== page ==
Book Review of The Immortal Life of Henrietta Lacks

The Immortal Life of Henrietta Lacks
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Helpful Score: 16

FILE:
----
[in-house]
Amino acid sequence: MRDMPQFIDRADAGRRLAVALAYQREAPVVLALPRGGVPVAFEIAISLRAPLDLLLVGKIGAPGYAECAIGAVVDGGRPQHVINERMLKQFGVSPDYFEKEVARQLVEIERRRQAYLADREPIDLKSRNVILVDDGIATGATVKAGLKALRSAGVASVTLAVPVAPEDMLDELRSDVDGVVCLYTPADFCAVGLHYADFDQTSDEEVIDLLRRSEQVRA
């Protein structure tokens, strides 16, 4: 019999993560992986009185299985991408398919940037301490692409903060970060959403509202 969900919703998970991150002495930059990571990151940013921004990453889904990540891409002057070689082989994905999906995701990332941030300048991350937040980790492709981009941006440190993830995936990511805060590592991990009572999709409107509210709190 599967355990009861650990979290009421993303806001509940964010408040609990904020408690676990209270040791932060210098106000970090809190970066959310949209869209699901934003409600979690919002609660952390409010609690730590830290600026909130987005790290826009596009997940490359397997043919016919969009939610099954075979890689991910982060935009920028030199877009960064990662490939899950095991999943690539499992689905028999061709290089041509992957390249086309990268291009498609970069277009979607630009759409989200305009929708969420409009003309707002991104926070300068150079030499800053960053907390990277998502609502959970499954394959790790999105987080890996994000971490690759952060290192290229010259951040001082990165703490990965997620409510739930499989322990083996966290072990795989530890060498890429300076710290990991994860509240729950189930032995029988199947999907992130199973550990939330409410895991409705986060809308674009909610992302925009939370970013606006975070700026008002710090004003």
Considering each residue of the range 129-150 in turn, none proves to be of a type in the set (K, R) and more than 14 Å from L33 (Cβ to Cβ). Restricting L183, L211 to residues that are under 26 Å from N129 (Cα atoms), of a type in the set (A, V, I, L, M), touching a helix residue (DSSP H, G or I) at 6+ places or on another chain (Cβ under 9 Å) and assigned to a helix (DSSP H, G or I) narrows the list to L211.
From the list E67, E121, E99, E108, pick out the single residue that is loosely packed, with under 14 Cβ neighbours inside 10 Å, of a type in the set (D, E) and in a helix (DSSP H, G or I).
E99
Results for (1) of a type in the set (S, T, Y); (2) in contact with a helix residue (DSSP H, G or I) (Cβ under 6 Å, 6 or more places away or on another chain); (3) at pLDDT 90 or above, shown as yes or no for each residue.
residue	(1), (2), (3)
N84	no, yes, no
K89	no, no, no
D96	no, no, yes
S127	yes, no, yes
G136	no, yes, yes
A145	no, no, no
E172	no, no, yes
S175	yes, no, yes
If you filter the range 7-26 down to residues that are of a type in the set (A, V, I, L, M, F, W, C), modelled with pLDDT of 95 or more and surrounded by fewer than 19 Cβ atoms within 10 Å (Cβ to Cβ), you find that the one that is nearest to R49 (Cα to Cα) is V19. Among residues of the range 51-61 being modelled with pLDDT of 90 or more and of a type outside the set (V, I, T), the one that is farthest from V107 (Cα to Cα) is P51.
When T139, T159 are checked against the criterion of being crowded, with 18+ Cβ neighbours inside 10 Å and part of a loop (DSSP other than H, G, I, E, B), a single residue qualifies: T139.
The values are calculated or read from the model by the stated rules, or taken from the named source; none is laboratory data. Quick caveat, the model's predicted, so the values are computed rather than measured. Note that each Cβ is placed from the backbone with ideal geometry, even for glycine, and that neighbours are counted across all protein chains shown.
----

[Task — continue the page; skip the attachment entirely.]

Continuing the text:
As someone who has worked in labs and often heard about HeLa cells, I looked forward to learning more about their origins. The Immortal Life of Henrietta Lacks started off as riveting storytelling about Henrietta Lacks, a poor African-American woman being treated at Johns Hopkins for cervical cancer in the 1950s. Without her knowledge, a biopsy of her tumor was used to create the first immortal human cell line, which was then used in myriad ways to advance scientific knowledge. Initially Rebecca Skloot was adroitly juggling three story lines—Henrietta's life story, the scientific breakthroughs, and approaching the scarred Lacks family—but the rhythm disappeared when she was left with primarily Henrietta's descendants. Skloot has invested considerable time and patience to ingratiate herself to the Lackses; perhaps that is why the story continues for several chapters after Henrietta's reach ends and the cells are almost always referred to as "Henrietta's cells." It's astonishing to see the level of miscommunication and disconnect between the scientists and the family. The Afterword is an interesting and more neutral look at the ethics of property rights on biological material.